Restealing in Poker

Today’s games have become quite aggressive and blind stealing is now common practice. When a player makes a steal attempt, restealing means raising back into the original raiser as a bluff. In No-Limit Texas Hold’Em poker tournaments re-stealing is an extremely powerful tool for building your chip stack. By taking advantage of the aggressive nature of your opponents in steal situations you can increase your expected winrate in tournaments significantly.

Restealing – Choosing the correct opponent

As you will be making resteals with weak hands, it is important that you recognise good situations for this play. You need to make sure that the original raiser has the characteristics needed to make a resteal the correct play.

So who is the correct player to try this against? Essentially you need an opponent that you have a lot of fold equity against. It’s no good trying to make this play against a maniac who will call it off with any two cards.

Usually players who are aggressive in late position and like to steal a lot of blinds will be great candidates. You are looking for players that have a wide opening range AND a high fold to 3bet percentage.

Pay attention to stack size and bet size

So you are on the button with 76s and the cut-off, who steals aggressively and also folds to 3 bets often, raises it to 3 big blinds. Is this a great spot for a resteal? That depends greatly on the remaining stacks sizes.

If the cut-off only has 6 big blinds left after his raise then a resteal is definitely not a good idea. If you shove and put him all in he is going to have to call 6 big blinds to win 13.5 big blinds so you are giving him odds of 2.25 to 1 on his call. He will have to call with any hand he raised with so you should only raise for value in this situation.

What if the cut-off started with 20 big blinds? If you shove over his 3bb open then he will have to call 17bb to win 24.5bb so you are giving him 1.44 to 1 odds on his call. He will now have to fold the weaker part of his range which we know is quite wide. This will give you enough fold equity to make this play very profitable in the long run.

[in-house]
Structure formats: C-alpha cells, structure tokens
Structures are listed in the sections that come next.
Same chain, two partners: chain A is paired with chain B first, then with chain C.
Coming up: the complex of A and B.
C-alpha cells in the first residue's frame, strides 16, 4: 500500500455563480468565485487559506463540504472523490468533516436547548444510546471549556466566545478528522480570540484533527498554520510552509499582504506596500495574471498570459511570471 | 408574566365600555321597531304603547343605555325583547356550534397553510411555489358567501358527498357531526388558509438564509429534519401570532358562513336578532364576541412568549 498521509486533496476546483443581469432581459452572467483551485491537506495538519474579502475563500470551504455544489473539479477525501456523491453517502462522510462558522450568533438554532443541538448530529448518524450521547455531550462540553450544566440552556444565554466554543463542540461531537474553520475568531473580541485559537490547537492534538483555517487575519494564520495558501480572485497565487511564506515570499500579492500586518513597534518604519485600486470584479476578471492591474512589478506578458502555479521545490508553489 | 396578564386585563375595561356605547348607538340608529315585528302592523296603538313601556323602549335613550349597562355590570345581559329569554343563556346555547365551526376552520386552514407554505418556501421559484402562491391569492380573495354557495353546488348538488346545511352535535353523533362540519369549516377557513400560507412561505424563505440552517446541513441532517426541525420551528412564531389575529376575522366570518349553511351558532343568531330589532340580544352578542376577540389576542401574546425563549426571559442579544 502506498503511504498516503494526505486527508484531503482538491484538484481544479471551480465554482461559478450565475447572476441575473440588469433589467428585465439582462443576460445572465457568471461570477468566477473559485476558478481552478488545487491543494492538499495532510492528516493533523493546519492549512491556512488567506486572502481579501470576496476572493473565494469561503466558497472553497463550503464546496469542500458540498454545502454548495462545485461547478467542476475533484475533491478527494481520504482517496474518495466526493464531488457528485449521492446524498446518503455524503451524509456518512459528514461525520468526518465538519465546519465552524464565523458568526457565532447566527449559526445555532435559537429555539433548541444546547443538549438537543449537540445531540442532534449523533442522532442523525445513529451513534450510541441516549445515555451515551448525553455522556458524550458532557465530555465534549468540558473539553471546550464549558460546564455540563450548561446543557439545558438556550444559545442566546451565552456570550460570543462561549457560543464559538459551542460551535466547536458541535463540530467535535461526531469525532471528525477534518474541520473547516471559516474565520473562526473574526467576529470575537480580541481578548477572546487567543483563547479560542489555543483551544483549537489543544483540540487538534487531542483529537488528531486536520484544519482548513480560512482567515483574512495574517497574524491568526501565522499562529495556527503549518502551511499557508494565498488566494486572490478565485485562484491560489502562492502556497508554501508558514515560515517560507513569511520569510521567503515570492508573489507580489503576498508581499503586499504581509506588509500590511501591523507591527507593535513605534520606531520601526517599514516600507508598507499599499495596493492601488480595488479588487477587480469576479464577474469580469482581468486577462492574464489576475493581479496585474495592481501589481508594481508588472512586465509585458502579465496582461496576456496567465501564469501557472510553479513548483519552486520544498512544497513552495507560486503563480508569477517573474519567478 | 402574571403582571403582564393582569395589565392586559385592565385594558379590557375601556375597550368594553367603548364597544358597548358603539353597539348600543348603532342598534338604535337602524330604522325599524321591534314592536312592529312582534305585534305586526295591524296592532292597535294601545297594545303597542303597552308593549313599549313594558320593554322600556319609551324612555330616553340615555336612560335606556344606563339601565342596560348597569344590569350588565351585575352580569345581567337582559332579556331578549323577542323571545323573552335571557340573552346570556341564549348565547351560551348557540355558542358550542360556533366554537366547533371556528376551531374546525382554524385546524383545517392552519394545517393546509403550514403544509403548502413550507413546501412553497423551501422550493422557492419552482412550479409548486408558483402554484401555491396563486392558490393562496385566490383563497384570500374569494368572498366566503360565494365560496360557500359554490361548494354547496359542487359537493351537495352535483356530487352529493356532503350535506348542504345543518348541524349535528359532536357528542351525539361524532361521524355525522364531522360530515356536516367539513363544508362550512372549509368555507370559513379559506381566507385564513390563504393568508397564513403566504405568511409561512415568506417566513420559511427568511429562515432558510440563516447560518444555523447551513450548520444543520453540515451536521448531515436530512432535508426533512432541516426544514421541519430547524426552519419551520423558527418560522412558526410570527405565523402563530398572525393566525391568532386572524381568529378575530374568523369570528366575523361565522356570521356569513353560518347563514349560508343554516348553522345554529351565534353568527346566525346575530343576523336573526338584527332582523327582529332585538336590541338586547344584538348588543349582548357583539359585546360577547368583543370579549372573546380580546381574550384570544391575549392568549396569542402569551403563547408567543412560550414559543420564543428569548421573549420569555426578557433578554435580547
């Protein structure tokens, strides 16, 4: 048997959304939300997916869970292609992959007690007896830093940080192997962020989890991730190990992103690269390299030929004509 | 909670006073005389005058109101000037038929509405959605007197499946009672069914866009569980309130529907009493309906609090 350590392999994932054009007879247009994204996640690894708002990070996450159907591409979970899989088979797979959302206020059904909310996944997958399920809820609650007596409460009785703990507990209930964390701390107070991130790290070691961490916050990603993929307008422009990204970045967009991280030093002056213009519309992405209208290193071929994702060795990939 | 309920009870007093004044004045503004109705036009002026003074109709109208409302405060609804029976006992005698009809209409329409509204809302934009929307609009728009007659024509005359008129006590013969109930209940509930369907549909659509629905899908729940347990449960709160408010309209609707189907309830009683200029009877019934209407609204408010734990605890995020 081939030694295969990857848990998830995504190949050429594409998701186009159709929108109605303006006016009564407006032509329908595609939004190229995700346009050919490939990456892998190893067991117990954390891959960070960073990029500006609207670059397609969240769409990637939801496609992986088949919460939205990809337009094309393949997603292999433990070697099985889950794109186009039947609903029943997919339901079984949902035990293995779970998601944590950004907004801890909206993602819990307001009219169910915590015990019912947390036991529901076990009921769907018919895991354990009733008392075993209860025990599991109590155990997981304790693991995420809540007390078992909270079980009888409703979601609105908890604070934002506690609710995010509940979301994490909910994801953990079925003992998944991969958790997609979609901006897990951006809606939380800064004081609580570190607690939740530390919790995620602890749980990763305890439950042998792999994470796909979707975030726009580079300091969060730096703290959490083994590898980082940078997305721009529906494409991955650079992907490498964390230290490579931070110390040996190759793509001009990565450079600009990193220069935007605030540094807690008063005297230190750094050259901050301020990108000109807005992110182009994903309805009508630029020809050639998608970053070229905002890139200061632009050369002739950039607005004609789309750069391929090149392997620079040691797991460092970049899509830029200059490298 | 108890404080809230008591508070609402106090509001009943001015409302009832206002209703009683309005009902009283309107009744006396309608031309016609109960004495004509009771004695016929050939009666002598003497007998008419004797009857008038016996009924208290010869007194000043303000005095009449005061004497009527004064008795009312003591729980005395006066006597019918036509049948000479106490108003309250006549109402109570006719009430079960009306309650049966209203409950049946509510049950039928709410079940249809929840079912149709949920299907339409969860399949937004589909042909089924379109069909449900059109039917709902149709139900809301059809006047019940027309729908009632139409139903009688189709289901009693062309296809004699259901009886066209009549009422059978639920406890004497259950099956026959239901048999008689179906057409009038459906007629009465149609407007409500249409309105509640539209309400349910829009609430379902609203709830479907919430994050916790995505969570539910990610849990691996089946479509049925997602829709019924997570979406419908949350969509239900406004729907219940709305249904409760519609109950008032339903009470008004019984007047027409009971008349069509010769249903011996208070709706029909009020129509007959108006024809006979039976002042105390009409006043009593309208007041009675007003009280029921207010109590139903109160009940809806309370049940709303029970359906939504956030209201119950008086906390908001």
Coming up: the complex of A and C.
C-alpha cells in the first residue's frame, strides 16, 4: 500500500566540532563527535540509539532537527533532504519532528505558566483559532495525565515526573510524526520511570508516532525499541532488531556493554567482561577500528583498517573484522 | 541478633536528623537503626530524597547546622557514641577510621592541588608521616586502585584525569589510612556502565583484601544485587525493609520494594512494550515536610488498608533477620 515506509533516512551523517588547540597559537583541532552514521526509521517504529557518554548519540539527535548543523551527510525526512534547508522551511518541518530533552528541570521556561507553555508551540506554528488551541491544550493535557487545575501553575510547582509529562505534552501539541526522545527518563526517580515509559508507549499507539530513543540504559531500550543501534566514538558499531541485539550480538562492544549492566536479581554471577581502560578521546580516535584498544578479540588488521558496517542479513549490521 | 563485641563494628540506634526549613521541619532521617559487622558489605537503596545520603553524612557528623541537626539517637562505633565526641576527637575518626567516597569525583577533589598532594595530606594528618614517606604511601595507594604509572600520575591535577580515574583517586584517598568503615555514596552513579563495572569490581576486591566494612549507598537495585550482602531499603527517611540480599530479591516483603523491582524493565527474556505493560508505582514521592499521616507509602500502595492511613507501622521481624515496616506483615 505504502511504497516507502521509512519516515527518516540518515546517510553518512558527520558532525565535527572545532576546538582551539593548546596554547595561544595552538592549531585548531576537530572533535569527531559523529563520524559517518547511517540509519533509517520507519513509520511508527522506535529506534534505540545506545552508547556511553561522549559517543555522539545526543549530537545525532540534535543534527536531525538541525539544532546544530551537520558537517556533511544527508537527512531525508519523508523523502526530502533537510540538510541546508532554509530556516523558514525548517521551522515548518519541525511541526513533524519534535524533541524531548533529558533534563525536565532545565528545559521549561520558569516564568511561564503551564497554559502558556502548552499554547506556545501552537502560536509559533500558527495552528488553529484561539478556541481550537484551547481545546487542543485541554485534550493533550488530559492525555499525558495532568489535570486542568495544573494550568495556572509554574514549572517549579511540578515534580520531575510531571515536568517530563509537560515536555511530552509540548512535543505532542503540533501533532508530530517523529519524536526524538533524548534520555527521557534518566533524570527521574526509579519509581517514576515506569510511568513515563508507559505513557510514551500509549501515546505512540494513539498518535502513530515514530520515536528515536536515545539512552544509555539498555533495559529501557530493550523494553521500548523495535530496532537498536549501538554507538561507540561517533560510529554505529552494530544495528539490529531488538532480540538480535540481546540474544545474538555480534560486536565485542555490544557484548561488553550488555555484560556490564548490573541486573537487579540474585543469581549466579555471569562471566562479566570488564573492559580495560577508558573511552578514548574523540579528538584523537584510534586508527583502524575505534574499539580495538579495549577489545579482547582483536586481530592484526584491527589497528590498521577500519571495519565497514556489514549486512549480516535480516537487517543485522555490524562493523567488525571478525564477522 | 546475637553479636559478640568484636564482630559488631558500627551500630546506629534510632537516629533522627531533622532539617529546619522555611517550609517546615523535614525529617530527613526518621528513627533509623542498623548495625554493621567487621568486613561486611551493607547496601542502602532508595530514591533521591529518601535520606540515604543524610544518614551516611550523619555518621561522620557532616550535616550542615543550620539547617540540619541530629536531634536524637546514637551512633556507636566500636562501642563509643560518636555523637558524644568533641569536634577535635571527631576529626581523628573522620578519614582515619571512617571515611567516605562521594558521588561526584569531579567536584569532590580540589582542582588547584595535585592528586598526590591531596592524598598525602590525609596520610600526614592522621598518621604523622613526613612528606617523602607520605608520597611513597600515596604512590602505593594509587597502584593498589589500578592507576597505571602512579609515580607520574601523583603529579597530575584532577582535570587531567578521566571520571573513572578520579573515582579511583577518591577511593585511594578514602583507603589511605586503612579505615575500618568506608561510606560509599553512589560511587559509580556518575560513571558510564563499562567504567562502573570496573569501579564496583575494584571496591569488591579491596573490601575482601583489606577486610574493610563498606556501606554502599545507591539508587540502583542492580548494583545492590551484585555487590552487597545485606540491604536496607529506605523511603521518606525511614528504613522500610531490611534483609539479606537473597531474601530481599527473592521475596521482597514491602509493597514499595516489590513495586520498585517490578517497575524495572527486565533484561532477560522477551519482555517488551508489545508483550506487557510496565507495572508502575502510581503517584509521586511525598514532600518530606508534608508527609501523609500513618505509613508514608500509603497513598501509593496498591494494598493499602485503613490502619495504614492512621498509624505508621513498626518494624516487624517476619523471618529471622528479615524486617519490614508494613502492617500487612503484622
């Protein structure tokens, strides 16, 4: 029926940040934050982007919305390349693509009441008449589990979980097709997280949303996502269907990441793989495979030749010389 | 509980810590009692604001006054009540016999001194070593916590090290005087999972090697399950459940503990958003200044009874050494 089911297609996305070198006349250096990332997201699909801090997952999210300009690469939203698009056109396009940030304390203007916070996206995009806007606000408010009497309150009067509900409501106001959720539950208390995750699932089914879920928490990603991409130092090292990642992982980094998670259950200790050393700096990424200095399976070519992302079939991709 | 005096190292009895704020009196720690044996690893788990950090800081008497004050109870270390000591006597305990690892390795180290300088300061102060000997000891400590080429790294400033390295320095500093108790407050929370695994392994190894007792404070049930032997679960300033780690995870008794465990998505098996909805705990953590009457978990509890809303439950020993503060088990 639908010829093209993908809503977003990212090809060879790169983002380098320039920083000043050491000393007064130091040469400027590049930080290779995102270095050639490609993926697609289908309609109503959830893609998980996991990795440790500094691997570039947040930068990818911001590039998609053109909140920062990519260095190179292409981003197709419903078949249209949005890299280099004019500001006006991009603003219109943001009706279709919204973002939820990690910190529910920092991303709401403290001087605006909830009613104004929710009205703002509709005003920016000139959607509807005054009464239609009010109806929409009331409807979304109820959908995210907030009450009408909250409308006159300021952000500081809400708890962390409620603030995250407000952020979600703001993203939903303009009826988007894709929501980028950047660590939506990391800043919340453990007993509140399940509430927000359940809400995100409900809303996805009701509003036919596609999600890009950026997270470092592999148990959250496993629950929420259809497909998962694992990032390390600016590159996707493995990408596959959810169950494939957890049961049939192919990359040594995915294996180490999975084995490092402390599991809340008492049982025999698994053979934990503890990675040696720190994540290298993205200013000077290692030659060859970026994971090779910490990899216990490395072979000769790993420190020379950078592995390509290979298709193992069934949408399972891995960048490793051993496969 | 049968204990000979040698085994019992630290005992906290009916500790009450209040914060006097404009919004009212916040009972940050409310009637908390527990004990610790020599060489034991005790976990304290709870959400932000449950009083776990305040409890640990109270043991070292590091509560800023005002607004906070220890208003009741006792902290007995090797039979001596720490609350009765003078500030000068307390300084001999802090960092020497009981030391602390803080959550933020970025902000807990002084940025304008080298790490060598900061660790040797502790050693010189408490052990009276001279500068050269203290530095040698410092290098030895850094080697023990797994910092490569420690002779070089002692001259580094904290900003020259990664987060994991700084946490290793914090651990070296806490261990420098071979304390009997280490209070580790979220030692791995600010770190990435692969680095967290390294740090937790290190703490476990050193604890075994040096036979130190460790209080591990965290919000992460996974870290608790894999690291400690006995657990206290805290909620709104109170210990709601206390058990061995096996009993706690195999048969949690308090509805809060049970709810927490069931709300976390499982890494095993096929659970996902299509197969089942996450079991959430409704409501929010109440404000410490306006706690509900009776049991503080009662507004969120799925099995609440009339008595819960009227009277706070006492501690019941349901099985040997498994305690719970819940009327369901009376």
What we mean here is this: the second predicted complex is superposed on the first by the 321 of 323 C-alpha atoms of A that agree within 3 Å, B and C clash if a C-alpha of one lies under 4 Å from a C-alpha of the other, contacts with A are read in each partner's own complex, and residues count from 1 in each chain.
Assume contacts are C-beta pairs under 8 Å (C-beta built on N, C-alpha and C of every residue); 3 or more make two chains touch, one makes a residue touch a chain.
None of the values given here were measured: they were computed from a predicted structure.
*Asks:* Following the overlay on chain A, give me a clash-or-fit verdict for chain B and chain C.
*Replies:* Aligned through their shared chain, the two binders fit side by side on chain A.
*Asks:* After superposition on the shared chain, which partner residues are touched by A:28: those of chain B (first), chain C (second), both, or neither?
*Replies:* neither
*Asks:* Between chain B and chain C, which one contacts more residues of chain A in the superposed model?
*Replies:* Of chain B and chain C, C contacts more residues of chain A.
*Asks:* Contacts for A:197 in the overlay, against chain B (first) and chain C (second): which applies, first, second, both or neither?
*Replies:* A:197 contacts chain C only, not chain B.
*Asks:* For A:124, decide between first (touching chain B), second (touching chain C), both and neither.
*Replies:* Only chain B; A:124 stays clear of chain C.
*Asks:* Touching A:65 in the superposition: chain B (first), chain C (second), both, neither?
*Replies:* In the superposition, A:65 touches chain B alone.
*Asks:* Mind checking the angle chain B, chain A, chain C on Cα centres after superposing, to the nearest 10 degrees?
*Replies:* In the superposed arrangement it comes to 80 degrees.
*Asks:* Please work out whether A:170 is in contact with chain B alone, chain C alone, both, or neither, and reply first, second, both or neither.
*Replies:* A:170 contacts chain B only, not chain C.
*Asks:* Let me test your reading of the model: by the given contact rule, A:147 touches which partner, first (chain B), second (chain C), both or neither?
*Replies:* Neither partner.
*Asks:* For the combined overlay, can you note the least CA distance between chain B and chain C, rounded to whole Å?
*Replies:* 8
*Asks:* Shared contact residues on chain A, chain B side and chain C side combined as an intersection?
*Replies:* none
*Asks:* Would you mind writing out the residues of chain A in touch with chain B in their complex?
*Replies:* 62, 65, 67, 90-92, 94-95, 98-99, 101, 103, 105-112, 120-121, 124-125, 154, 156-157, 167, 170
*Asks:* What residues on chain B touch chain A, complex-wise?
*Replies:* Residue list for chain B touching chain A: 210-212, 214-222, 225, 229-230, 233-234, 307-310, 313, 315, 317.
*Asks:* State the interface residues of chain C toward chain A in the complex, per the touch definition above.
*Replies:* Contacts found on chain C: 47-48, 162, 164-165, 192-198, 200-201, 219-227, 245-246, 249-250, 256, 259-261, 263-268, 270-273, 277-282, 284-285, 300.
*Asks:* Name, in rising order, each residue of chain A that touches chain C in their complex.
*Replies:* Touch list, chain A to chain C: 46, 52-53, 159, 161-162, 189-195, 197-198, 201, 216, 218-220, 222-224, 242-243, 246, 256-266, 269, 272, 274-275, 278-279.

If you pay attention to stack sizes, bet sizes and the odds you are giving the original raiser you should be able to recognise the best situations for a resteal.

Your table image

Your current table image can be very important when making your decision. If your image is that of a very aggressive player then you should be less inclined to go for a resteal as your opponents will probably widen their calling range against you. Conversely if you have been nitting it up for the last hour then your aggression is more likely to get some respect and your opponents may tighten up their calling range (giving you more fold equity).

Any previous history you have with regulars can also alter your resteal strategy. If they know you as an aggressive restealer then you should balance your raising range accordingly and make sure you have plenty of value hands in your range as well as resteals.

The correct hands to resteal with

Restealing is largely situation dependent so if you recognise a great spot for a resteal but have a raggy hand then it may still be correct to go for it. After all most of the equity gained by restealing comes from your fold equity not your hands equity.

However, you can’t resteal at every opportunity (barring a huge leak in your opponents play) so whenever possible you might as well try to pick a range of hands that have the best equity against your opponents calling range.

I’ll leave it up to you to play around with certain hands equities versus different ranges in PokerStove, but as a general rule it is preferable to have something that is suited or connected in some way. For example it is much better to have 75s than 83o.

The stage of the tournament

Paying attention to what stage the tournament is at can have several benefits. One of them is that it will allow you to notice spots where your opponents are more likely to fold (thereby increasing your fold equity). When you get down to the bubble the small and medium stacks are even less likely to want to play a big hand against you if you have them covered. This can lead to some very profitable resteal opportunities if they are still trying to steal blinds.

Defending against opponents who resteal

What can you do if your opponents are using this play against you?  The first thing you can do is recognise situations where your steal is likely to attract a resteal due to stack sizes. If you are on the button with 18 big blind effective stacks and are considering stealing the blinds, you should consider the possibility of one of the blinds restealing because the stack sizes are perfect for it. (Remember the example before where the cut-off opened and you went for a resteal with 20bb stacks)

You can also try altering your raise size to make restealing less appealing to your opponents. Decreasing your raise size will mean it has to work less often for you to show a profit, and your opponent will win a smaller pot by re-raising. Making your raise much larger will make you pot committed so your opponents will be forced to cut bluffs out of their range.